T: Is for Teddy! A permanent fixture in our Children's Section, our big Ted has lots of little fans. And he's a really good listener if you feel like reading him a story.

U: Is for Ultra cool stuff! Our knickknacks, puzzles, games, stationery, mugs, t-shirts and things you didn't even know existed are unique and highly desirable. It's difficult actually getting out of here with a paycheck most weeks!

V: Is for the Vacuums we have lost over the years!  Most have had names (My personal bête noir was Windsor!) and have been loved and reviled in turn but whatever form they come in, its hard to run a shop without them!

W: Is for World Book Night. As a dedicated WBN book pick-up location, we have been hugely successful with over 600 books given away free by participants this year alone. We’re very sad it won’t be happening again next year.

X: Is for eXtraordinary!  Which we are in my opinion. Extraordinarily good booksellers selling eXtremely good books to eXtremely knowledgeable customers. Can I move on to Y now please, that was tricky?

Y: Is for New Years Day sale! For a fun tradition started soon after we opened in Porter Square.  Time to spend those gift cards, treat yourself for some reading for the long cold days of January.

Z: Is for Zing! For the coffee and treats that have fueled us all these years.

Susannah

Wednesday, September 17, 2014

From a Job to a Community

After two years as an Americorps Vista volunteer in Burlington, VT, family reasons brought me to the Boston area. I already knew I wanted to be a writer and so was only looking for a job that left me enough time and energy (both physical and mental) to write. I figured working in a bookstore would do just that. I got a temp job or two and then a job at an after school program. Finally, the sign went up that Porter Square Books would be opening about a five minute walk from my apartment. For the next two weeks I walked by the windows every day, waiting for them to put up a “Help Wanted” poster. They finally did, I emailed my resume and a letter of recommendation, had the interview, and was hired.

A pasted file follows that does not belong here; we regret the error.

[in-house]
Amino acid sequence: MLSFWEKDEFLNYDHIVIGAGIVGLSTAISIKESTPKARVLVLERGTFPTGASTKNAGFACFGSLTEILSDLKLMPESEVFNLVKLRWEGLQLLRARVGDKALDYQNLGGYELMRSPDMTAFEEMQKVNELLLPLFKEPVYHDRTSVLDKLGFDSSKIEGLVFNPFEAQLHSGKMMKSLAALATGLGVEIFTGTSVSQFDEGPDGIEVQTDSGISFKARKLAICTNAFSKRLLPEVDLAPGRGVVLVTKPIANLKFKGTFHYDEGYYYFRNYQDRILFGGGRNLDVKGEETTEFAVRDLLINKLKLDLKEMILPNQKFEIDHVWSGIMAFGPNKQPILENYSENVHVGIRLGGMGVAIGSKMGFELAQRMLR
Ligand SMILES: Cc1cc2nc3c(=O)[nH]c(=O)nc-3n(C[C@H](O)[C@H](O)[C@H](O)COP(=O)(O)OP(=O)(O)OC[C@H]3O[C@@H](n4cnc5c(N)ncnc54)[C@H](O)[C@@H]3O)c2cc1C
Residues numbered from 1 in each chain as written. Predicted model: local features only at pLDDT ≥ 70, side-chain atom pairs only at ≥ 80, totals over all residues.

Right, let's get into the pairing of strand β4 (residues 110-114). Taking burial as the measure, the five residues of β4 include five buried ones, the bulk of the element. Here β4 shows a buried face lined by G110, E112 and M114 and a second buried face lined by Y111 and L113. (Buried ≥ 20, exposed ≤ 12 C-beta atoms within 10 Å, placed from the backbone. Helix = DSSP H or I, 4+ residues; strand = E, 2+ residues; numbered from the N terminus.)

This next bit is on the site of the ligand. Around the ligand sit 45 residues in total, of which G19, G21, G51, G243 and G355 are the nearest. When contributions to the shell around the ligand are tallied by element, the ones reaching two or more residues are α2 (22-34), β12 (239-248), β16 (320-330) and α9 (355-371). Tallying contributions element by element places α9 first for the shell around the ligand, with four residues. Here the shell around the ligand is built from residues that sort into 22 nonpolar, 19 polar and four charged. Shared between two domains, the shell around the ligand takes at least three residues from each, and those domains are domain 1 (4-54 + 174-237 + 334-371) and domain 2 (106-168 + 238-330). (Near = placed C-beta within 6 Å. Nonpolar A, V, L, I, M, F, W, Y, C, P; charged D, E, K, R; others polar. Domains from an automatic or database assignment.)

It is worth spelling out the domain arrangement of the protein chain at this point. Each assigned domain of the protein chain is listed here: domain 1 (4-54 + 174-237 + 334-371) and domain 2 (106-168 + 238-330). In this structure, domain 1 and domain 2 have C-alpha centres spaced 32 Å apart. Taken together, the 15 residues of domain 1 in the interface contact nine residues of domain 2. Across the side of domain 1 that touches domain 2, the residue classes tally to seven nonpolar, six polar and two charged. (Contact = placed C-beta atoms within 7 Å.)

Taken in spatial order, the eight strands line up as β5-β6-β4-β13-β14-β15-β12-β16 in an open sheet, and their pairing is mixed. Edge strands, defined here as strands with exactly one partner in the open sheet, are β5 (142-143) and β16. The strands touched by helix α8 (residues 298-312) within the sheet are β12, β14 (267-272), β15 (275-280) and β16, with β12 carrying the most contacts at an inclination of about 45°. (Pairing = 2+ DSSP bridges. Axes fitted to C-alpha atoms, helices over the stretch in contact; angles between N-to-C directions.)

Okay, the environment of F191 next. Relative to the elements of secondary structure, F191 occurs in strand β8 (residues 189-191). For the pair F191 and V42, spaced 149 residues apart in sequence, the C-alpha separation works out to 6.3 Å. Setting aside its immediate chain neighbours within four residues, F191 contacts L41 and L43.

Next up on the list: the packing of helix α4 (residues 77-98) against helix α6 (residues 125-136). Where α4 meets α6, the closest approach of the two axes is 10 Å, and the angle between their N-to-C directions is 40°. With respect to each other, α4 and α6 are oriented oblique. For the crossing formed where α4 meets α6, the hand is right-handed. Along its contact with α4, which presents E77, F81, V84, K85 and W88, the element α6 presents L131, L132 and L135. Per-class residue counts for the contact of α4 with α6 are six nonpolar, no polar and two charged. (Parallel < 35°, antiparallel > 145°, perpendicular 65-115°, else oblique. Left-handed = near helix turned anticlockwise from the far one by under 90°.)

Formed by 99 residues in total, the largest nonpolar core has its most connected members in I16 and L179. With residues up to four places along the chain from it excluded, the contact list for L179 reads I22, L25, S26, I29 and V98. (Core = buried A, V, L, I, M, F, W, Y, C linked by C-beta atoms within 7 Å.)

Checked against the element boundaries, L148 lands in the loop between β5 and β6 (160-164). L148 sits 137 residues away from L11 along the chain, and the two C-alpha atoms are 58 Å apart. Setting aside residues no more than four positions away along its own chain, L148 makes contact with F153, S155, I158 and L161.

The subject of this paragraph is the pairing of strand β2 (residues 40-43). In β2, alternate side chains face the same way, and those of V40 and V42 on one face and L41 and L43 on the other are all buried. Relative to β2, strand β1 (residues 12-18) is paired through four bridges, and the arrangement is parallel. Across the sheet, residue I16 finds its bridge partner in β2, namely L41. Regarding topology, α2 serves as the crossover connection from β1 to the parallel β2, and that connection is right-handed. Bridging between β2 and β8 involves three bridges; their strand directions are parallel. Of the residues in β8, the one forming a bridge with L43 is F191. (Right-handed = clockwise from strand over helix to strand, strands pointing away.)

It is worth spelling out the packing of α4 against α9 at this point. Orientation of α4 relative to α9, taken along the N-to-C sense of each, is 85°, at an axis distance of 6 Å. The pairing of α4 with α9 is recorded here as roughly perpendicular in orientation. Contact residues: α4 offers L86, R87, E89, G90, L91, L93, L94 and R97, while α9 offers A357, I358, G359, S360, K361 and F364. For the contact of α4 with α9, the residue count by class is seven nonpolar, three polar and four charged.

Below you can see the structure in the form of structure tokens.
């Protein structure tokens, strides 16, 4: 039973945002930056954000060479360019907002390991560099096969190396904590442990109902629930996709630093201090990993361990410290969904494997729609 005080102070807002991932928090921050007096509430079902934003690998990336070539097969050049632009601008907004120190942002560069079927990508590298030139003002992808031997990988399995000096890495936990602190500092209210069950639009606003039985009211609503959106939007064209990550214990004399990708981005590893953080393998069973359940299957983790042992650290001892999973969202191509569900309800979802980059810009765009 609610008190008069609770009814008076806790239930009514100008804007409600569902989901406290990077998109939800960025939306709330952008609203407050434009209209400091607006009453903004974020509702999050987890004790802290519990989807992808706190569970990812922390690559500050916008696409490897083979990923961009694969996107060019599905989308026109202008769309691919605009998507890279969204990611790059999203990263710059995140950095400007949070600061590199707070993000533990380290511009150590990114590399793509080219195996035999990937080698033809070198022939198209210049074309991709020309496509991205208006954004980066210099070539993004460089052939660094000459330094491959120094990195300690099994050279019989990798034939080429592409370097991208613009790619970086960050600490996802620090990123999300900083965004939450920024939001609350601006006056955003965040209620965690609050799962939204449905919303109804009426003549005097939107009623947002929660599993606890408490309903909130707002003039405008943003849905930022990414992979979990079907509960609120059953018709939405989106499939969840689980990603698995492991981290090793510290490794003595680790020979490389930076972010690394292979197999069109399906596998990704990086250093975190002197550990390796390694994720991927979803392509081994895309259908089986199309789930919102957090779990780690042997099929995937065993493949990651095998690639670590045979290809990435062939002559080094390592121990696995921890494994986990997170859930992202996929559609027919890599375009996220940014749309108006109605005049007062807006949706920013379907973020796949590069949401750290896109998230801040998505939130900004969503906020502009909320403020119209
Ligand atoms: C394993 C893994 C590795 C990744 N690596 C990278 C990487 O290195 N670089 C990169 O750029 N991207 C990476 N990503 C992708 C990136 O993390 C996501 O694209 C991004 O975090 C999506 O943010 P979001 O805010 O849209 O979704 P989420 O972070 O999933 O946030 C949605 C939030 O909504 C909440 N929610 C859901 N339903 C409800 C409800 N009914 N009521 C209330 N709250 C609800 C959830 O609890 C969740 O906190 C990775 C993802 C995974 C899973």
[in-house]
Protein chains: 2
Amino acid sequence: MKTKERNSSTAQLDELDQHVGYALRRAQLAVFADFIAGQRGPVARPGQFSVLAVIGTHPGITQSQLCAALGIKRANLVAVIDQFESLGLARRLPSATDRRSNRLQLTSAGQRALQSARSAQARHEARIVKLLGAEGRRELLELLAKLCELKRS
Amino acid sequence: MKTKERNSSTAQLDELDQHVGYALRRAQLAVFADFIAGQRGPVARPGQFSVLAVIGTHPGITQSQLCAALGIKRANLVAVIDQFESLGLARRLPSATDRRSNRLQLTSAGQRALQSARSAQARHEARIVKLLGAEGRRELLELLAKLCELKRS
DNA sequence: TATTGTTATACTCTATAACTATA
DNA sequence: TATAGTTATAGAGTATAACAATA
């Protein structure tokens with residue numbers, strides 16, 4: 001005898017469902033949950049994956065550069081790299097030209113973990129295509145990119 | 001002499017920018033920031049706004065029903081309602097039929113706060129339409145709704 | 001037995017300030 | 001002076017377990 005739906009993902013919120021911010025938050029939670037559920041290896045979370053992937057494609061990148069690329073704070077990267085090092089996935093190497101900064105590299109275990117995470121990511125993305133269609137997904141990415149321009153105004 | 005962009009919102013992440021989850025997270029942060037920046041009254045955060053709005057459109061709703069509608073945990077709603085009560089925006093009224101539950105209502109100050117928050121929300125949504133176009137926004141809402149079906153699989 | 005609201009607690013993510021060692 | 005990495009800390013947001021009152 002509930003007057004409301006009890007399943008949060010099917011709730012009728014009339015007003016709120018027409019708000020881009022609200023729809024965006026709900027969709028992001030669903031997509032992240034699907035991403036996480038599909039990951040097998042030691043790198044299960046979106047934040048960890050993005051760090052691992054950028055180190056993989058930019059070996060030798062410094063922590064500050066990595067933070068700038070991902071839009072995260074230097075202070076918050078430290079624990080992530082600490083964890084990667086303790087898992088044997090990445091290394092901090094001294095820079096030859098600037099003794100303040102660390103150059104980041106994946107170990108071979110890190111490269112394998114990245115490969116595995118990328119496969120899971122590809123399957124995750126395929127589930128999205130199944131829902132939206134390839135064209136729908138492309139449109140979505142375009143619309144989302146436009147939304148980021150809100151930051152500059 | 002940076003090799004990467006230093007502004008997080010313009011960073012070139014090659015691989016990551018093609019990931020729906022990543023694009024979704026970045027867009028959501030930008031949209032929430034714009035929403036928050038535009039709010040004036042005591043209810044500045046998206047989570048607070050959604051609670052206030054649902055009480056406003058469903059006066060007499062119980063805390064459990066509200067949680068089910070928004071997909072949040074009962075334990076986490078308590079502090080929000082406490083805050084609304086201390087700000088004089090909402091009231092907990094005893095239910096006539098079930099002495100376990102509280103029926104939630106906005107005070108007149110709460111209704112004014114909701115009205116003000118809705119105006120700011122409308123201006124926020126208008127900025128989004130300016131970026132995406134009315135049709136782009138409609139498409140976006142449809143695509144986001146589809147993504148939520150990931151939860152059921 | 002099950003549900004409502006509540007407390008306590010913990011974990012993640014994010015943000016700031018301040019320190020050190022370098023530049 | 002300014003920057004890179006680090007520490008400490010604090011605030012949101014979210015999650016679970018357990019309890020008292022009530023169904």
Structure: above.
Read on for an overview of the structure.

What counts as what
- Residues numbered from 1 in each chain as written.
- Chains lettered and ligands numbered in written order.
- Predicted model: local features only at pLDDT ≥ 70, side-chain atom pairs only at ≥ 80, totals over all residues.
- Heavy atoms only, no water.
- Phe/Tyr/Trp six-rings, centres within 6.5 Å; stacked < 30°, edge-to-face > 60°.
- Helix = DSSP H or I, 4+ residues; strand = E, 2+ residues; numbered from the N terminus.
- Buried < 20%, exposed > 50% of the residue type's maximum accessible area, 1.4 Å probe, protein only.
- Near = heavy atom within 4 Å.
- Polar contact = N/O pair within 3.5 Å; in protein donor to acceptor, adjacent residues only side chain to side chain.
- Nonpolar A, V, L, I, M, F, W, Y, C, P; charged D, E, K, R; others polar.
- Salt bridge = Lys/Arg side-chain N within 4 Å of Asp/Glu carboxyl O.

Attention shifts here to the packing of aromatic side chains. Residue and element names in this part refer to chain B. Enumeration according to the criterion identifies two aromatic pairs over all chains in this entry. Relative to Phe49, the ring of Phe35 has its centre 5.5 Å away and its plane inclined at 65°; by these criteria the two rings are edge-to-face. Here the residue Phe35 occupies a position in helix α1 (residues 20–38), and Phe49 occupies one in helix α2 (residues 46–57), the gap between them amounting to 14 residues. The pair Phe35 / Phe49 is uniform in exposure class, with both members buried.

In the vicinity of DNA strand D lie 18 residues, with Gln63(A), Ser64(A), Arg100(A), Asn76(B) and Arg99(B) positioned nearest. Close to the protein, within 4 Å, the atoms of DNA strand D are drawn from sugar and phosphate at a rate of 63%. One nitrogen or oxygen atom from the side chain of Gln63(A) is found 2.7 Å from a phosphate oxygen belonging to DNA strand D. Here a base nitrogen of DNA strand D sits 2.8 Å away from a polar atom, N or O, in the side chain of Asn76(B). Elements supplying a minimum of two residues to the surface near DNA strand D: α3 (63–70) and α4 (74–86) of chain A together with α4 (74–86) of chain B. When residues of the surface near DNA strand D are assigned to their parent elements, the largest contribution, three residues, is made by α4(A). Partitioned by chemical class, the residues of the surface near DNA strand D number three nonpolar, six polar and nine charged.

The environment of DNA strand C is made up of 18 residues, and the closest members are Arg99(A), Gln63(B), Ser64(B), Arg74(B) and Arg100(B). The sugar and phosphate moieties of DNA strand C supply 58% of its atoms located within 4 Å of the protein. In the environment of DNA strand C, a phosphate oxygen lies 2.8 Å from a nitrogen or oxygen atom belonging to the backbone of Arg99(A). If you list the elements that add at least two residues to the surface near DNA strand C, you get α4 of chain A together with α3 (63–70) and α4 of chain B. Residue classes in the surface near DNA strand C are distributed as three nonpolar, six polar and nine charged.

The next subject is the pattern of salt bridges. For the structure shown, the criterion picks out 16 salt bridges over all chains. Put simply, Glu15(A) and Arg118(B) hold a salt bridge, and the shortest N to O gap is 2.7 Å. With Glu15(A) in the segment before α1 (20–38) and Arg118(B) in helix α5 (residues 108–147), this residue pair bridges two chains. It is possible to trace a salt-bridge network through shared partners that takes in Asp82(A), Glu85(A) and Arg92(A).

I started part time, working nights and weekends on top of my job with the after-school program. When the store needed someone to manage their website, I fit the “under thirty so he must know computers” qualification, and so, with no prior experience, started managing the website along with working on the floor. Not too long after that I started buying the store’s magazines.

Ten years on I’m still writing and still finding new things to do at the store. (Still mostly on the Internet even though I no longer fit the “under thirty” qualification.) When I started at Porter Square Books, I mostly focused on what a bookstore wouldn’t do: make me wear a suit, compromise my lefty politics, and leave me too drained to write; but my decade with PSB has been much more about what the store would do; create a community of writers, editors, and other publishing professionals, connect me to hundreds of readers, give me access to all the galleys I could ever read, allow me to be a champion of the weird books I (and a few other tortured souls) love the most.

One of the buzzwords writers hear at the beginning of their careers from potential agents and publishers is “platform.” One’s “platform” consists of the resources, publicity potential, and community that will help sell an author’s book. For example, a celebrity author would already have a substantial “platform” built from her existing fame, as would an expert in some field who presents at related conferences. A non-celebrity writing a novel is going to have to build that platform himself, most likely through social media and publication in magazines and journals. Porter Square Books has been a lot of things to me this decade; it started out as a job, but now, with my novel coming out in March, it is my platform, and it will always be a part of my community.

Thursday, September 11, 2014

Introducing David's Dinners

I've found that often publishers invite me to dinners with authors I've never heard of, and I end up meeting some super interesting people and, usually, reading and liking their books. And as often as not, they're books I wouldn't otherwise have picked up. I’ve gotten to meet a number of authors this way and I’ve had great conversations that have really informed and enriched my reading of their books. I’ll often be at the counter when someone comes to buy a book whose author I’ve met, and I find I can tell the customer so much more about the book and the experience of reading it because of that special contact I’ve had with the writer.